Massage therapy promotes relaxation and can help ease aches and pains. It triggers the natural pain reducing mechanisms and gives a general sense of wellbeing.
Peer-reviewed medical research has shown that the benefits of massage include pain relief, reduced trait anxiety and depression, and temporarily reduced blood pressure, heart rate, and state of anxiety. Theories behind what massage might do include blocking nociception (gate control theory), activating the parasympathetic nervous system, which may stimulate the release of endorphins and serotonin, preventing fibrosis or scar tissue, increasing the flow of lymph, and improving sleep, but such effects are yet to be supported by well-designed clinical studies.
Massage is hindered from reaching the gold standard of scientific research, which includes placebo-controlled and double blind clinical trials. Developing a “sham” manual therapy for massage would be difficult since even light touch massage could not be assumed to be completely devoid of effects on the subject. It would also be difficult to find a subject that would not notice that they were getting less of a massage, and it would be impossible to blind the therapist. Massage can employ randomized controlled trials, which are published in peer reviewed medical journals. This type of study could increase the credibility of the profession because it displays that purported therapeutic effects are reproducible.
Single Dosage Effects
- Pain relief: Relief from pain due to musculoskeletal injuries and other causes is cited as a major benefit of massage. Acupressure or pressure point massage may be more beneficial than classic Swedish massage in relieving back pain. However, a meta-study conducted by scientists at the University of Illinois at Urbana-Champaign failed to find a statistically significant reduction in pain immediately following treatment.
- State anxiety: Massage has been shown to reduce state anxiety, a transient measure of anxiety in a given situation.
- Blood pressure and heart rate: Massage has been shown to reduce blood pressure and heart rate as temporary effects.
Multiple Dosage Effects
- Pain relief: When combined with education and exercises, massage might help sub-acute, chronic, non-specific low back pain. Furthermore, massage has been shown to reduce pain experienced in the days or weeks after treatment.
- Trait anxiety: Massage has been shown to reduce trait anxiety; a person’s general susceptibility to anxiety.
- Depression: Massage has been shown to reduce subclinical depression.
Massage has been shown to reduce neuromuscular excitability by measuring changes in the Hoffman’s reflex (H-reflex) amplitude. A decrease in peak-to-peak H-reflex amplitude suggests a decrease in motoneuron excitability. Others explain, “H-reflex is considered to be the electrical analogue of the stretch reflex…and the reduction” is due to a decrease in spinal reflex excitability. Field (2007) confirms that the inhibitory effects are due to deep tissue receptors and not superficial cutaneous receptors, as there was no decrease in H-reflex when looking at light fingertip pressure massage. It has been noted that “the receptors activated during massage are specific to the muscle being massaged”, as other muscles did not produce a decrease in H-reflex amplitude.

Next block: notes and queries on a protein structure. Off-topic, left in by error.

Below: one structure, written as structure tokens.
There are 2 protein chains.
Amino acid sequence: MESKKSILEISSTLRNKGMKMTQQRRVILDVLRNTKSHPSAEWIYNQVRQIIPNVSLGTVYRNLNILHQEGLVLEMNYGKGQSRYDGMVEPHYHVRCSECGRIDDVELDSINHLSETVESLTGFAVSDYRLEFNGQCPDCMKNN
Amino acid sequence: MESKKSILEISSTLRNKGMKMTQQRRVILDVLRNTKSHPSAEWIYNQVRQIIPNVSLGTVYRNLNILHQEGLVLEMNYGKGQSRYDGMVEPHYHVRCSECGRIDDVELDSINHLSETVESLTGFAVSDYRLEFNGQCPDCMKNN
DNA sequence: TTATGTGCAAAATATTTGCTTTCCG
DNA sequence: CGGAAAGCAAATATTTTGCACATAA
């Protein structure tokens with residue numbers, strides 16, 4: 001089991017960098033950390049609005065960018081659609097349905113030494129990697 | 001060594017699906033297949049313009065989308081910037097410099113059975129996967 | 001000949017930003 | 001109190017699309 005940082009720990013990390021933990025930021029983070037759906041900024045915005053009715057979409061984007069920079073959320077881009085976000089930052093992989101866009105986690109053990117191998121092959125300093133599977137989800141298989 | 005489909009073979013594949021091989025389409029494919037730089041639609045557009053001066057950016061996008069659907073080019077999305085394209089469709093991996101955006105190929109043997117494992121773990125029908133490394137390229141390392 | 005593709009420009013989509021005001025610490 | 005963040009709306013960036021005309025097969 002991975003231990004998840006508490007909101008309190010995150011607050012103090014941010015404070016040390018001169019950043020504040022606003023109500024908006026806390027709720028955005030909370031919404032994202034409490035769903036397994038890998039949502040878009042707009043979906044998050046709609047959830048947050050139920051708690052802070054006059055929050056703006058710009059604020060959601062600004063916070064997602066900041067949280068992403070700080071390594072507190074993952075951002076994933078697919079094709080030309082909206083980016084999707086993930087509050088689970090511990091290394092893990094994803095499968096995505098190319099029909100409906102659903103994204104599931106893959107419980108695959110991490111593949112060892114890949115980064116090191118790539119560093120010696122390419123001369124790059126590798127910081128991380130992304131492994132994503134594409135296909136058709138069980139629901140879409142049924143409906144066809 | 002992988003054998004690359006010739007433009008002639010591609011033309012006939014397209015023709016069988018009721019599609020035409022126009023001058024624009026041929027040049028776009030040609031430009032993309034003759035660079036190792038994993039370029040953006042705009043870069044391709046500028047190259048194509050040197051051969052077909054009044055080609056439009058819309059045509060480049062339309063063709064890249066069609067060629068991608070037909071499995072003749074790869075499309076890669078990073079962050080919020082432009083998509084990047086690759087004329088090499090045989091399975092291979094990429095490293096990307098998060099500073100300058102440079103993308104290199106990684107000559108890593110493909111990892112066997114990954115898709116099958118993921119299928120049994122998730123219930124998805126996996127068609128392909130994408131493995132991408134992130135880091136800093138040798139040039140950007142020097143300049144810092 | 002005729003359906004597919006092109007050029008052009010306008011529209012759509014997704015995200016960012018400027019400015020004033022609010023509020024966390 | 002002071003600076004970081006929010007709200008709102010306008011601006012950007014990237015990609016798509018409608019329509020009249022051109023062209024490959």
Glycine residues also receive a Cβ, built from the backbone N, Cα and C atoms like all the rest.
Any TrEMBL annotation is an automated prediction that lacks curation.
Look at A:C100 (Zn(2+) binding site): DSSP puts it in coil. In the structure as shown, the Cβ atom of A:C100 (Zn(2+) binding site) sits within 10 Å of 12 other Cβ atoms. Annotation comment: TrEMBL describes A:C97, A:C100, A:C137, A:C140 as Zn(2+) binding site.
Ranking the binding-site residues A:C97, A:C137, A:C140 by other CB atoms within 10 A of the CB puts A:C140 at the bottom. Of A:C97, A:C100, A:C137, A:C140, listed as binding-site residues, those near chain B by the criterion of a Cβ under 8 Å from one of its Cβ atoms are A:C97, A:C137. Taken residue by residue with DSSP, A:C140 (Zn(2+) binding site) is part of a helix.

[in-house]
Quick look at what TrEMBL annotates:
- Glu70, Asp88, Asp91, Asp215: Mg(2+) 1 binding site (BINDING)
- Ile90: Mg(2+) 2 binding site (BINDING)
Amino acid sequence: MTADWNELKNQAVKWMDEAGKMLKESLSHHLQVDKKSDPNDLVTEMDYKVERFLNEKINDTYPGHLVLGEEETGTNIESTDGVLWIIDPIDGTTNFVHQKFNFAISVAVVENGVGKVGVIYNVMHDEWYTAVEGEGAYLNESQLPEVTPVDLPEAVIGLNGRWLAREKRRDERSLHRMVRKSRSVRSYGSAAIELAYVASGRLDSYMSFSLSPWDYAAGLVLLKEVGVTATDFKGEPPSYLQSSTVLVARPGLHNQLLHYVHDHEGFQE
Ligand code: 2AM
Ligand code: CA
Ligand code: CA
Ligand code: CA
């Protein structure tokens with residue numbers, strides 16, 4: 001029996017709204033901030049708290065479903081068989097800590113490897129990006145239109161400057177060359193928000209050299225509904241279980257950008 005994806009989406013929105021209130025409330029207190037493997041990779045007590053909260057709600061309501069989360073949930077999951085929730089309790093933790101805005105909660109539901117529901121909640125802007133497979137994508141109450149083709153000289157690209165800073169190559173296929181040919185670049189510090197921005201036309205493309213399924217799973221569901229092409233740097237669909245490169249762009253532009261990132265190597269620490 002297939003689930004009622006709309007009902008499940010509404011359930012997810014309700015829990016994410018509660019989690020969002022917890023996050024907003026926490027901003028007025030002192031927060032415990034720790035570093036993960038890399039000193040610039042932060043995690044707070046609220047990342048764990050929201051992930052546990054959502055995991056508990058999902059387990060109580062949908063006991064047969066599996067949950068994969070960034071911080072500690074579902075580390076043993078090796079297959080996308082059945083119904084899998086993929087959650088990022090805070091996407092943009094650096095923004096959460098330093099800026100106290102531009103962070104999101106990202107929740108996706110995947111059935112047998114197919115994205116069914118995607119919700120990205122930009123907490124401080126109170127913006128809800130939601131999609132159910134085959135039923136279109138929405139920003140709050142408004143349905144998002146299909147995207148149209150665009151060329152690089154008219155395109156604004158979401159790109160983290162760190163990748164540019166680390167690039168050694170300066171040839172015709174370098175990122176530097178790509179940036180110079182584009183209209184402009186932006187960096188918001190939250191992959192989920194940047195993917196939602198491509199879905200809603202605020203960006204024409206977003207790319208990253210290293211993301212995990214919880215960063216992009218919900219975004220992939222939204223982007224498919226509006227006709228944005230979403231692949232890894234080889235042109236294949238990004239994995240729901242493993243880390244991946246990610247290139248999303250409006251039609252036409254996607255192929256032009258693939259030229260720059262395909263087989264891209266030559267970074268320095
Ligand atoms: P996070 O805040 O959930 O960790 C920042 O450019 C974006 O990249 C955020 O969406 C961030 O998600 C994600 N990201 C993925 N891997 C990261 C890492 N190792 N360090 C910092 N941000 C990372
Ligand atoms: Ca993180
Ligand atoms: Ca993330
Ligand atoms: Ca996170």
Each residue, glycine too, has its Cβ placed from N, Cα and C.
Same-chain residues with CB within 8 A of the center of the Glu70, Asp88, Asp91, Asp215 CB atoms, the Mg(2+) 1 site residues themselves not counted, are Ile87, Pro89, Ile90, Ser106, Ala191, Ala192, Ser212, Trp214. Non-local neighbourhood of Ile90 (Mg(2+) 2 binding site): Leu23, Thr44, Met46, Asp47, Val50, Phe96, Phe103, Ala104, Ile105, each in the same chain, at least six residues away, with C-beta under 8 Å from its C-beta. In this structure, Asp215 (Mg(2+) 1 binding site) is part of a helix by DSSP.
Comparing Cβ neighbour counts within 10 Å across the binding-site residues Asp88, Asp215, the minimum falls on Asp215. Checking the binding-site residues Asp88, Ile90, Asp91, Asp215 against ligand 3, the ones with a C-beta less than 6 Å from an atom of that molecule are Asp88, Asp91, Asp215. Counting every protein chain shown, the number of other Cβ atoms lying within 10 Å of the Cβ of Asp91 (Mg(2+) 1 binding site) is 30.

Massage and Proprioception
Proprioceptive studies are much more abundant than massage and proprioception combined, yet researchers are still trying to pinpoint the exact mechanisms and pathways involved to get a fuller understanding. Proprioception may be very helpful in rehabilitation, though this is a fairly unknown characteristic of proprioception, and “current exercises aimed at ‘improving proprioception’ have not been demonstrated to achieve that goal”. Up until this point, very little has been studied looking into the effects of massage on proprioception. Some researchers believe “documenting what happens under the skin, bioelectrically and biochemically, will be enabled by newer, non-invasive technology such as functional magnetic resonance imaging and continuous plasma sampling” .
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- Active Release Technique
- Sports Massage
- Deep Tissue Massage
- Remedial Massage
- Relaxing Massage
The type of massage you require depends on what goals you require. Your body largely responds to massage in two main ways. Physical effects, such as reducing muscle stiffness, improving circulation and increasing joint mobility. Secondly there are psychological benefits, such as improving self-esteem, reducing stress and producing a feeling of increased energy levels.
Deeper massage, such as Active Release Technique or the less specific and more generic Sports Massage can be used to break down scar tissues and release tensions created by activity or pathology and is often utilised by manual therapists such as Physiotherapists and Chiropractors. This will always be tailored to an individuals tolerance and aims of treatment.
To gain maximum benefit from your massage, it is advisable to rest afterwards, or avoid heavy workloads or sport. This allows your body’s natural healing process to work efficiently.
Everyone can benefit from massage therapy, whether aiming to unwind the stresses of daily life, or as part of your treatment for injury to supplement your Chiropractic or Physiotherapy sessions. Please ask your therapist if you are unsure.
To ensure the continued satisfaction of clients, all treatments will begin with a consultation which enables your therapist to make sure that the massage is right for you. Confidential records will be made to keep relevant notes for future treatments.